英文世界中最著名的 17世紀日記The Diary of Samuel Pepys
（ Page 214 -）The priory church of St Mary ... as at the s. end of 'the new alley called Exchange Alley next Lumbard Streete in the parish of Saint Mary Woolnoth'. ...
--此君以日記聞名, 鉅細靡遺, 成為今日追索當時風俗/社會/時事/八卦的珍貴記錄.
The Diary of Samuel Pepys
by Samuel Pepys - Biography & Autobiography - 2000 - 278 pages 1661/5/18
Page 102 -
' with great pleasure. So home to bed
In the 14th century, the numbles (or noumbles, nomblys, noubles) was the name given to the heart, liver, entrails etc. of animals, especially of deer - what we now call offal or lights. By the 15th century this had migrated to umbles, although the words co-existed for some time. There are many references to both words in Old English and Middle English texts from 1330 onward. Umbles were used as an ingredient in pies, although the first record of 'umble pie' in print is as late as the 17th century. Samuel Pepys makes many references to such pies in his diary. For example, on 5th July 1662:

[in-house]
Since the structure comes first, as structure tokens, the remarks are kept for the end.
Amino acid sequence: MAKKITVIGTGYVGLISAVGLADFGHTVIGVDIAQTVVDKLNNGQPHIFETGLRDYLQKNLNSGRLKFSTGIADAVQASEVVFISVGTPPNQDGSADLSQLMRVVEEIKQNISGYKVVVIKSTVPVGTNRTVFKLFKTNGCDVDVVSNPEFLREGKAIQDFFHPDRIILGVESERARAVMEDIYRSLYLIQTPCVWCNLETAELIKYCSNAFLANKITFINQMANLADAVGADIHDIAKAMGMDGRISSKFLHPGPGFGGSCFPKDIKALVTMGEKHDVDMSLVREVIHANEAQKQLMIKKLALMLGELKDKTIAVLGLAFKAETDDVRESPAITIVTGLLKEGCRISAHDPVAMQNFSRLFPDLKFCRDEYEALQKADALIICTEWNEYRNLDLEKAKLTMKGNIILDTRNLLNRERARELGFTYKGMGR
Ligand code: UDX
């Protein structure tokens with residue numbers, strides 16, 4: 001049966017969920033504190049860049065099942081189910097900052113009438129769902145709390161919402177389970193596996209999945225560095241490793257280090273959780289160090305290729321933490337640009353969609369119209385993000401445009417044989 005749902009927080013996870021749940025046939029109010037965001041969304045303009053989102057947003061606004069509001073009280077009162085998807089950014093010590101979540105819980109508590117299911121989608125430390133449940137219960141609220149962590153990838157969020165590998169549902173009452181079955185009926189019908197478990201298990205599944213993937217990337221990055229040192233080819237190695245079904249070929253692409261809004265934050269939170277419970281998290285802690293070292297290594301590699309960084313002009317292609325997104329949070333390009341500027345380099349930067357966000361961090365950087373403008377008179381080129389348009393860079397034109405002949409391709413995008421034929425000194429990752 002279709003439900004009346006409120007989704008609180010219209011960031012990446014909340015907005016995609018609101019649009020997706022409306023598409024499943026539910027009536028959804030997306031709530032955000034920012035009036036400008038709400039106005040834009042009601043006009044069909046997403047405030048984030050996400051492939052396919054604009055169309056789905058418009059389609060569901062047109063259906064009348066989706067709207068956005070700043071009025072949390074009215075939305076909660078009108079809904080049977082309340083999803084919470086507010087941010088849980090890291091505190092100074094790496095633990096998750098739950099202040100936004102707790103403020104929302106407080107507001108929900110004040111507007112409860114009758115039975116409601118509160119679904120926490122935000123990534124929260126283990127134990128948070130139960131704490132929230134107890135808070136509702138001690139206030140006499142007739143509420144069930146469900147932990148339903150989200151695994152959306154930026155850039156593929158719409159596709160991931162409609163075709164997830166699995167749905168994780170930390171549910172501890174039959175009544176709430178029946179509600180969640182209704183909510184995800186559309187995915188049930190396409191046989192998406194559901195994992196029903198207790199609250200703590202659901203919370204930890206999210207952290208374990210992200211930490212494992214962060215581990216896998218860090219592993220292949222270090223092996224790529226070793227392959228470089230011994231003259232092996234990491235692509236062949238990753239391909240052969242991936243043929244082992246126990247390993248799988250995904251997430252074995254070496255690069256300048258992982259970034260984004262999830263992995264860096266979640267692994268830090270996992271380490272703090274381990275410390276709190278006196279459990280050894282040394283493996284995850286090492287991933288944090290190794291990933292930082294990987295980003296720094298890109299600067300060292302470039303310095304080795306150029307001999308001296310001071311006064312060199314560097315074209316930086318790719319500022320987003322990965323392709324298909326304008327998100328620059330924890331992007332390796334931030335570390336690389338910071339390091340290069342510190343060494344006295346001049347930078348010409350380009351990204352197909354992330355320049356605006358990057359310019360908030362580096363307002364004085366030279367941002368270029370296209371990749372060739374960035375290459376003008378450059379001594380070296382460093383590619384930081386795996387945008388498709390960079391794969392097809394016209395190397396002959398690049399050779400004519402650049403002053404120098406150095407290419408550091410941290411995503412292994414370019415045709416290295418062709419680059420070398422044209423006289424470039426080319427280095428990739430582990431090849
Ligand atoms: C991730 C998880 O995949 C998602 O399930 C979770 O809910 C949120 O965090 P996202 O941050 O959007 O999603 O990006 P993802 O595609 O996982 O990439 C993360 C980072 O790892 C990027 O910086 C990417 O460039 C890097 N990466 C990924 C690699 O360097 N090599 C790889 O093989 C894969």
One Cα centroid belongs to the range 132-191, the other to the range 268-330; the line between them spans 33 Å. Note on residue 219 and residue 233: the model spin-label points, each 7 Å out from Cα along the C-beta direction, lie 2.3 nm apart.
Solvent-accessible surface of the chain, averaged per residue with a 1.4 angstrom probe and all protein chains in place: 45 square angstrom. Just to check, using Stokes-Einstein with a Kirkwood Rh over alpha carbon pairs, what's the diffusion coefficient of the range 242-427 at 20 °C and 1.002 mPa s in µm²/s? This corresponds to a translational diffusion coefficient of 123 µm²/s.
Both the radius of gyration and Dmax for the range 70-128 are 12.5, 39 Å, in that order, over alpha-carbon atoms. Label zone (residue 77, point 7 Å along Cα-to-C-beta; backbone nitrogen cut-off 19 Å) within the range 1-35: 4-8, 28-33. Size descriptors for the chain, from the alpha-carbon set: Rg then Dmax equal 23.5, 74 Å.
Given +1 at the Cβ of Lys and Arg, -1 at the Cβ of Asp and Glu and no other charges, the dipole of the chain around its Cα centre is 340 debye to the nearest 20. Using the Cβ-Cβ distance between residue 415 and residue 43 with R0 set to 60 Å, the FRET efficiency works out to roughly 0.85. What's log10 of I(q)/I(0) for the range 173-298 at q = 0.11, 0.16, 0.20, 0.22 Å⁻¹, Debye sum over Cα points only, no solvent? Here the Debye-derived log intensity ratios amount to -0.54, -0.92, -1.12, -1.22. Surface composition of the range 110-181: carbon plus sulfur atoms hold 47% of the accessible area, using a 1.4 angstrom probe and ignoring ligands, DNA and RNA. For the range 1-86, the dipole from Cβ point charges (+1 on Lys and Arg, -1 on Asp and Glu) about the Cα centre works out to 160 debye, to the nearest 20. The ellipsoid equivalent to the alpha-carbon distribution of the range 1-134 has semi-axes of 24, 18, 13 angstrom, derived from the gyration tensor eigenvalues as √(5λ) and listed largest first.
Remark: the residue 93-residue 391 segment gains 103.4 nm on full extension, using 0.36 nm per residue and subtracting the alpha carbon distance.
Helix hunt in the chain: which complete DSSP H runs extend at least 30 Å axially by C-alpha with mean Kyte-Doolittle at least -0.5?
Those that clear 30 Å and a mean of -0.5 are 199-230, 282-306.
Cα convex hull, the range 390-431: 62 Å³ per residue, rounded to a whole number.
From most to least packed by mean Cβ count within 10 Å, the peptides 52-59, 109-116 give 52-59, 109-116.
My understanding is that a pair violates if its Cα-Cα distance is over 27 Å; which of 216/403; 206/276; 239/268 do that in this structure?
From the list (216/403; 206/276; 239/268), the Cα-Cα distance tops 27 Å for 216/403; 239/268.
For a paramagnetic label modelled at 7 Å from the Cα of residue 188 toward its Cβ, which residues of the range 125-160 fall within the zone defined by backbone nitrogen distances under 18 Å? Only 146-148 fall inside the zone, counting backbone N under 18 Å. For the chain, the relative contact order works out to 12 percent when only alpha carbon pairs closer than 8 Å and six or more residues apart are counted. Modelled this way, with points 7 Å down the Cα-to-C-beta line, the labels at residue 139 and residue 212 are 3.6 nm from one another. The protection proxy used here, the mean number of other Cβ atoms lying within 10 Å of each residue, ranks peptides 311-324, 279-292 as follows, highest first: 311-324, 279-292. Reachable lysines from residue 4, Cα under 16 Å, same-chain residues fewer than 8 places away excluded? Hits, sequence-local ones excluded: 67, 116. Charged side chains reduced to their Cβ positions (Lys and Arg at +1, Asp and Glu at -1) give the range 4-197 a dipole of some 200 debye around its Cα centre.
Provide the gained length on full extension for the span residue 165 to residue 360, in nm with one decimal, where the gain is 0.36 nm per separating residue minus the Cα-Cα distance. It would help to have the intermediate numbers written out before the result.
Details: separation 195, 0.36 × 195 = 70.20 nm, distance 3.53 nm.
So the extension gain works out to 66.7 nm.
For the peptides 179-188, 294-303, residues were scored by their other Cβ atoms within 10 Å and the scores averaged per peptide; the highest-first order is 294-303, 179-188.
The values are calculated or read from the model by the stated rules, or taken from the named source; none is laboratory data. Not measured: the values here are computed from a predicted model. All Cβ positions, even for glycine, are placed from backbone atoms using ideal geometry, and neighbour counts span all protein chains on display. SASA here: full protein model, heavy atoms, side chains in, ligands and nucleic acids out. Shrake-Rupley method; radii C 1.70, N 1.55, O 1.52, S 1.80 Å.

"I having some venison given me a day or two ago, and so I had a shoulder roasted, another baked, and the umbles baked in a pie, and all very well done."
and on 8th July 1663:
"Mrs Turner came in and did bring us an Umble-pie hot out of her oven, extraordinarily good."-----